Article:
I had to look up the definition of this term today. Not because I don’t know what it means but because I needed to confirm that what I was witnessing fit the definition. It did.
Several times I’ve been in conversation circles, talking about race issues with a diverse group of people and I’ve found that one person, a white person in our group will express quit honestly that something has welled up inside them. Some anger or angst. A dis-comfort. In one case, with a former boss – he actually couldn’t move through it to complete our equity and inclusion meeting. He left the meeting early and never came to another one.
This frailty around racial stress. The need to be insulated from it. The extreme discomfort people feel, people who don’t experience racial bigotry or oppression in their everyday life – is real.
I’ve always been the sort of person who embraces discomfort and stares it down. Who takes that nervous feeling in my stomach as a message to dig in and rise up to the challenge of the moment. But I have felt it too.
I’m noticing that others shirk back. Recoil. I’ve been thinking a lot about this. It’s like there is a threshold and until you cross it and walk into the room – it seems overwhelming and an unwillingness to go there can dominate. I have no idea why some can walk through and others stutter. I know there is a book that I should read but I haven’t yet. It probably explains all this that I am witnessing. I will read it. Eventually.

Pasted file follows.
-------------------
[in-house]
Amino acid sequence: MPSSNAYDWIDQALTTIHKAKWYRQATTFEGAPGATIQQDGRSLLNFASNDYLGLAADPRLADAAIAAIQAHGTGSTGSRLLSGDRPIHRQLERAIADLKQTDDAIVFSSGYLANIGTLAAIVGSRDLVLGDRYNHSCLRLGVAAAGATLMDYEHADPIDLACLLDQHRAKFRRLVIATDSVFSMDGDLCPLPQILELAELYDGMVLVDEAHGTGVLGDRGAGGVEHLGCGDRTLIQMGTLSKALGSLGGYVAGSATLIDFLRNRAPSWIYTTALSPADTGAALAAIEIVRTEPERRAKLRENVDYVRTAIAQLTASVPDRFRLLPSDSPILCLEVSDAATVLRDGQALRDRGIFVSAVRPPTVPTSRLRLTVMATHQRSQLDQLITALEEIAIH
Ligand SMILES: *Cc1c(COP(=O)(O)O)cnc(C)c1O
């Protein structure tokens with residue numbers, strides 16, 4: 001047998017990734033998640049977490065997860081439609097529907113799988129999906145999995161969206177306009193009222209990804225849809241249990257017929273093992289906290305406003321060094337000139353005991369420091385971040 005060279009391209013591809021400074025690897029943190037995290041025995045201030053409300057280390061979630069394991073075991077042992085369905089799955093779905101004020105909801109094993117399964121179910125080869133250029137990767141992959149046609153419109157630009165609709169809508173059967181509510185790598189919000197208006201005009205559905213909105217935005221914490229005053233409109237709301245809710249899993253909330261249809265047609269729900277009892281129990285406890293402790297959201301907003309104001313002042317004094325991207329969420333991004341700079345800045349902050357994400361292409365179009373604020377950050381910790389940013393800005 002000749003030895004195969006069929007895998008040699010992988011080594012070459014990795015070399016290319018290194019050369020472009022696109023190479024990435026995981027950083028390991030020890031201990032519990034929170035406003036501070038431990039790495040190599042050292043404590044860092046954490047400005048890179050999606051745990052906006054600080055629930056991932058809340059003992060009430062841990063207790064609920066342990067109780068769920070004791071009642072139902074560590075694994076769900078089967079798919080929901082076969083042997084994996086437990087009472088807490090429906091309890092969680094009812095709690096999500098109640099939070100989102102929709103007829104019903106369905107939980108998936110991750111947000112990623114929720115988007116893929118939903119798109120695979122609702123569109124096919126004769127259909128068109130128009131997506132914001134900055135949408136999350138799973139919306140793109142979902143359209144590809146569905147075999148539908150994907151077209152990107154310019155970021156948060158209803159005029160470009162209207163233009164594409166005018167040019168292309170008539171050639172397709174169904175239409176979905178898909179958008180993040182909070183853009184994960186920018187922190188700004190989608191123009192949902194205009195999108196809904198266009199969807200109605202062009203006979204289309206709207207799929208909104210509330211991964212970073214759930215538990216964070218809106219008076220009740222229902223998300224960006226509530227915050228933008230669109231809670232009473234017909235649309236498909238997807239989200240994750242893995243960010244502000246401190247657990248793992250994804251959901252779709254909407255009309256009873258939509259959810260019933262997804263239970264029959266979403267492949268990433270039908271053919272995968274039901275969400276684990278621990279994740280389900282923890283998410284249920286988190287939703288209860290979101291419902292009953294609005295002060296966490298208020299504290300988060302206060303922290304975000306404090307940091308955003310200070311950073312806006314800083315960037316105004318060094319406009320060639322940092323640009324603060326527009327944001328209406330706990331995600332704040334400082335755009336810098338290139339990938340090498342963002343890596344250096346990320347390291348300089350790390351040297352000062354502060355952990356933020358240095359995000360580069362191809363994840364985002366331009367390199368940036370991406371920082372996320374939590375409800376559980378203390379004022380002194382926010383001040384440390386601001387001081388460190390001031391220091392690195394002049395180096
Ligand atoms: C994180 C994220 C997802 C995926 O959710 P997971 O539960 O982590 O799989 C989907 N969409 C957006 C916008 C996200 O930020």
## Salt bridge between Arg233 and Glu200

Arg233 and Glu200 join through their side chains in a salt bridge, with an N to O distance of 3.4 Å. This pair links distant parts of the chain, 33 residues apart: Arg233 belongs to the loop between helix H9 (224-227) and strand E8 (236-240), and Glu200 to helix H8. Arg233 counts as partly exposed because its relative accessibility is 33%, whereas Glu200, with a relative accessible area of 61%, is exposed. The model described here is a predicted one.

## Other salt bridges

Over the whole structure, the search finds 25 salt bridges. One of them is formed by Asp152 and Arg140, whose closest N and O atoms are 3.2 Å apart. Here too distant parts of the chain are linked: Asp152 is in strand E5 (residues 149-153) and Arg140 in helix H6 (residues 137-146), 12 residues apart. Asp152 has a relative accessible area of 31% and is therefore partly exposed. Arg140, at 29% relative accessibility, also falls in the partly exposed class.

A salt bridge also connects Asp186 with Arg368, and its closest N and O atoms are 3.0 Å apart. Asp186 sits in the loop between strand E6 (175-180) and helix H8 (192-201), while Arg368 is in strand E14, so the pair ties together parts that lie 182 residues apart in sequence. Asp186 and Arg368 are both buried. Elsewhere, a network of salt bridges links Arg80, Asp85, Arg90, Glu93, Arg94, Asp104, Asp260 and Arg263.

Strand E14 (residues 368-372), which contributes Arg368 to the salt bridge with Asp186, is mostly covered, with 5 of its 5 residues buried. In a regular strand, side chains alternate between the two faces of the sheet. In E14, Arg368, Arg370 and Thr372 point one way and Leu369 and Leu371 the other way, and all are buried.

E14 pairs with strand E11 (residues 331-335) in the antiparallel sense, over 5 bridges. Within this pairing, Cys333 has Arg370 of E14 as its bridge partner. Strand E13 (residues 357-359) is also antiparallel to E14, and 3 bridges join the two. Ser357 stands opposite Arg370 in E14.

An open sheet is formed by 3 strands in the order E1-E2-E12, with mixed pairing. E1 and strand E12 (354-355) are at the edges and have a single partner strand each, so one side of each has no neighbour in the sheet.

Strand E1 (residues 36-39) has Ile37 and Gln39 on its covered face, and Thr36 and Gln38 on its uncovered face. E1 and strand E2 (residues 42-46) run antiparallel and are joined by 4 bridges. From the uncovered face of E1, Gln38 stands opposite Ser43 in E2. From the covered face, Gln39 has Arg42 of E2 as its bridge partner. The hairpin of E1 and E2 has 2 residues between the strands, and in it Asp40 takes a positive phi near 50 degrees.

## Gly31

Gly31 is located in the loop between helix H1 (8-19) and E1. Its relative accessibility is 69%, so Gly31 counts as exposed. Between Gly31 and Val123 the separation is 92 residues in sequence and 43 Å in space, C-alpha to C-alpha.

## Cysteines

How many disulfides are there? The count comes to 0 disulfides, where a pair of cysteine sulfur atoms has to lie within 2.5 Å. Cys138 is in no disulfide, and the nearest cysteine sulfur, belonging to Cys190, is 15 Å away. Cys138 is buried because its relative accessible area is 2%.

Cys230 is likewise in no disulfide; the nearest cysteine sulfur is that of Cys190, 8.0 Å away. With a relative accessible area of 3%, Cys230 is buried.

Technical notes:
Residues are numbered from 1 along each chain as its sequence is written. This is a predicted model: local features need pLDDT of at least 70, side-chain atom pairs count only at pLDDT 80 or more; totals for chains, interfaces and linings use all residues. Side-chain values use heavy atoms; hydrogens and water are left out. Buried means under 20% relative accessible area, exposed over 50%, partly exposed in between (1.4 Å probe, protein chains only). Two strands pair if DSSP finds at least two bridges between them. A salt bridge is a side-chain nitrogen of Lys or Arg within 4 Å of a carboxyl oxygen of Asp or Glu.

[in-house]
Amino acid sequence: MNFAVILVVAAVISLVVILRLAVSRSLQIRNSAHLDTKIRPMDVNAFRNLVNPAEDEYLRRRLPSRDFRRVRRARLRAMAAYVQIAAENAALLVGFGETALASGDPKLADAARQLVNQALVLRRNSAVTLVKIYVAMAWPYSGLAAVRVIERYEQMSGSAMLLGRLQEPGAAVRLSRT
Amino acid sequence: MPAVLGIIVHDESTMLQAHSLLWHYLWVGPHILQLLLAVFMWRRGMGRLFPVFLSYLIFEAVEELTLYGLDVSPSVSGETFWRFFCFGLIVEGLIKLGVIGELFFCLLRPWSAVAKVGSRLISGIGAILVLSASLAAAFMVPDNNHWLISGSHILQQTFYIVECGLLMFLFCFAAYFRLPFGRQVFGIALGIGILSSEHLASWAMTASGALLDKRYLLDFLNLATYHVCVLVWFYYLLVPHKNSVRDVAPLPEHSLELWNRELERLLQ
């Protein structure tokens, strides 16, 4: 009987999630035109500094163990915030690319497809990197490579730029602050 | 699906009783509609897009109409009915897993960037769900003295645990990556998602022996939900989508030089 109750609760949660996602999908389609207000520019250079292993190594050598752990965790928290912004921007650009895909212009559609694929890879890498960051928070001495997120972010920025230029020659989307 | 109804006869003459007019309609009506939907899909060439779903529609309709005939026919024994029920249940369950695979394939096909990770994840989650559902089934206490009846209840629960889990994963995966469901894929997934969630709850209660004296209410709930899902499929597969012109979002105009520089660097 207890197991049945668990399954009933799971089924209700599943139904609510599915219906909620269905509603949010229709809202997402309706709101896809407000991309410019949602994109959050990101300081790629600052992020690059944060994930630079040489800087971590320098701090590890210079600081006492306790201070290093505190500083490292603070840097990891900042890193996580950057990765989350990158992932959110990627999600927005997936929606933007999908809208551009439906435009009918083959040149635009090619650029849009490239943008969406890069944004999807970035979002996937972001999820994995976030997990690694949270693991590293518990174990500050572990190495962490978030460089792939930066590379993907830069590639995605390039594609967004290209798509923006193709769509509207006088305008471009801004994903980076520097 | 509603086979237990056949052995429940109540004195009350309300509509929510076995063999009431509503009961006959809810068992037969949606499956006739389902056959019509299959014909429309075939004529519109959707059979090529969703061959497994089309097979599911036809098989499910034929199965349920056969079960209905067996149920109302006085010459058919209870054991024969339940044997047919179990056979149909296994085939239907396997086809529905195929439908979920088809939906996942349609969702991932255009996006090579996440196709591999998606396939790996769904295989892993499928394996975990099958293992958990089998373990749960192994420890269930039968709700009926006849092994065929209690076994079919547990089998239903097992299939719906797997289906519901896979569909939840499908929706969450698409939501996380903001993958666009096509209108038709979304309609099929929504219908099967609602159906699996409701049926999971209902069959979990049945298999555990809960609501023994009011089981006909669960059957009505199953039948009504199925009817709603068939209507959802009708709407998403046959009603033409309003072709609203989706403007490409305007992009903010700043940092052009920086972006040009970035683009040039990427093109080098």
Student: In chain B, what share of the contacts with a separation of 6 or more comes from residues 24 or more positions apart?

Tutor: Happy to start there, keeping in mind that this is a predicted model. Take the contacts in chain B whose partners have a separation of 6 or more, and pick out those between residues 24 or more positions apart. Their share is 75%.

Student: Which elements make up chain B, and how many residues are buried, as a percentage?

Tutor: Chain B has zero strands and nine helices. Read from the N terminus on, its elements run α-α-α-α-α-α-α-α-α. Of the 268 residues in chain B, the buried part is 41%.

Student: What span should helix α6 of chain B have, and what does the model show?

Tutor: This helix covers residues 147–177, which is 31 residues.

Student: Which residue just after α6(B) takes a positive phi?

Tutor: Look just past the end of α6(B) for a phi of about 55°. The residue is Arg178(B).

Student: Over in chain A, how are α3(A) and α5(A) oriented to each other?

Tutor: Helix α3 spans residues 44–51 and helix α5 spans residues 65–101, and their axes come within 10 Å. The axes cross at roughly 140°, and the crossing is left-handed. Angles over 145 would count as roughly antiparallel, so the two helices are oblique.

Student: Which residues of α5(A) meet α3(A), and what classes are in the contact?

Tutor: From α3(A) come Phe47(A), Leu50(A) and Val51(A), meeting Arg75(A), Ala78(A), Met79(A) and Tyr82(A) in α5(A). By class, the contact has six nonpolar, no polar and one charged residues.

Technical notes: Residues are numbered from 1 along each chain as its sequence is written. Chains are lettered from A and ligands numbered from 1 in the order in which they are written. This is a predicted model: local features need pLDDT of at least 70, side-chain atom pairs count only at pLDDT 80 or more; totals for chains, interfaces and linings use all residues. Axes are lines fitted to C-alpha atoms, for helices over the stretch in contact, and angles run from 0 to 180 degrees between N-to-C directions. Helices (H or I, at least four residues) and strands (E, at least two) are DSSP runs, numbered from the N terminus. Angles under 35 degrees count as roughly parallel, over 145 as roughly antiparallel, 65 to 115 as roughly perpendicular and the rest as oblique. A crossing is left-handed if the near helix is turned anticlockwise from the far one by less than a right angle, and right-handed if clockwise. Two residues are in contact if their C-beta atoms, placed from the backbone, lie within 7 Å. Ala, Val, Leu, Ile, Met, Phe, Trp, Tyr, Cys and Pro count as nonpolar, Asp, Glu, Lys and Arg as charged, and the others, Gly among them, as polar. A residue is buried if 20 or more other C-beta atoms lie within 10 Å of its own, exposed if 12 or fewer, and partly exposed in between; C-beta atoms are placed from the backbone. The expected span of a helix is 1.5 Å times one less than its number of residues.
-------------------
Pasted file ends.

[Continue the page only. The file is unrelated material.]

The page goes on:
Today though I contemplate that fragility. Where does it come from? It seems to me that it manifests usually in anger or angst. Esoterically I know that all anger is really fear. Fear arises from a deficit of unconditional love. And I know the best remedy for anger is forgiveness. The question then becomes – what do white people need to forgive that will allow them to move past the initial feelings of anger. I think it’s ourself. Our heritage. Our ancestry. The cellular memory within our DNA that was either directly or complicity involved in an atrocity that has wounded an entire race of people. Maybe we need to forgive the humans that perpetuate the wound. Or the humans that remind us of our complicity in creating and perpetuating the wound. There is something that on a deep level we feel we have lost. Or that has been taken from us. Our innocence. Our righteousness. The presence of the stress of racial tension is something we don’t want to experience. Something we don’t want to be reminded of. Something we wish didn’t exist. And yet it does.
It’s such a selfish perspective to put our own discomfort, our own self loathing above the care and restoration of another’s well being. And that isn’t our intention. Sometimes we don’t even see that it’s selfish. Lost in our own perspective we can’t always see that it’s a white privilege to wish our angst to the corn field. And why do we want so badly for the whole problem to go away? Other issues we are happy to tackle. Women’s issues – we march and knit pink cat eared hats. Brush fires, child abuse – we fund raise. Environmental causes – we take them on. We buy electric vehicles, recycle, go vegan. Why can we take up these other causes against un-equality so much easier than racial un-equality?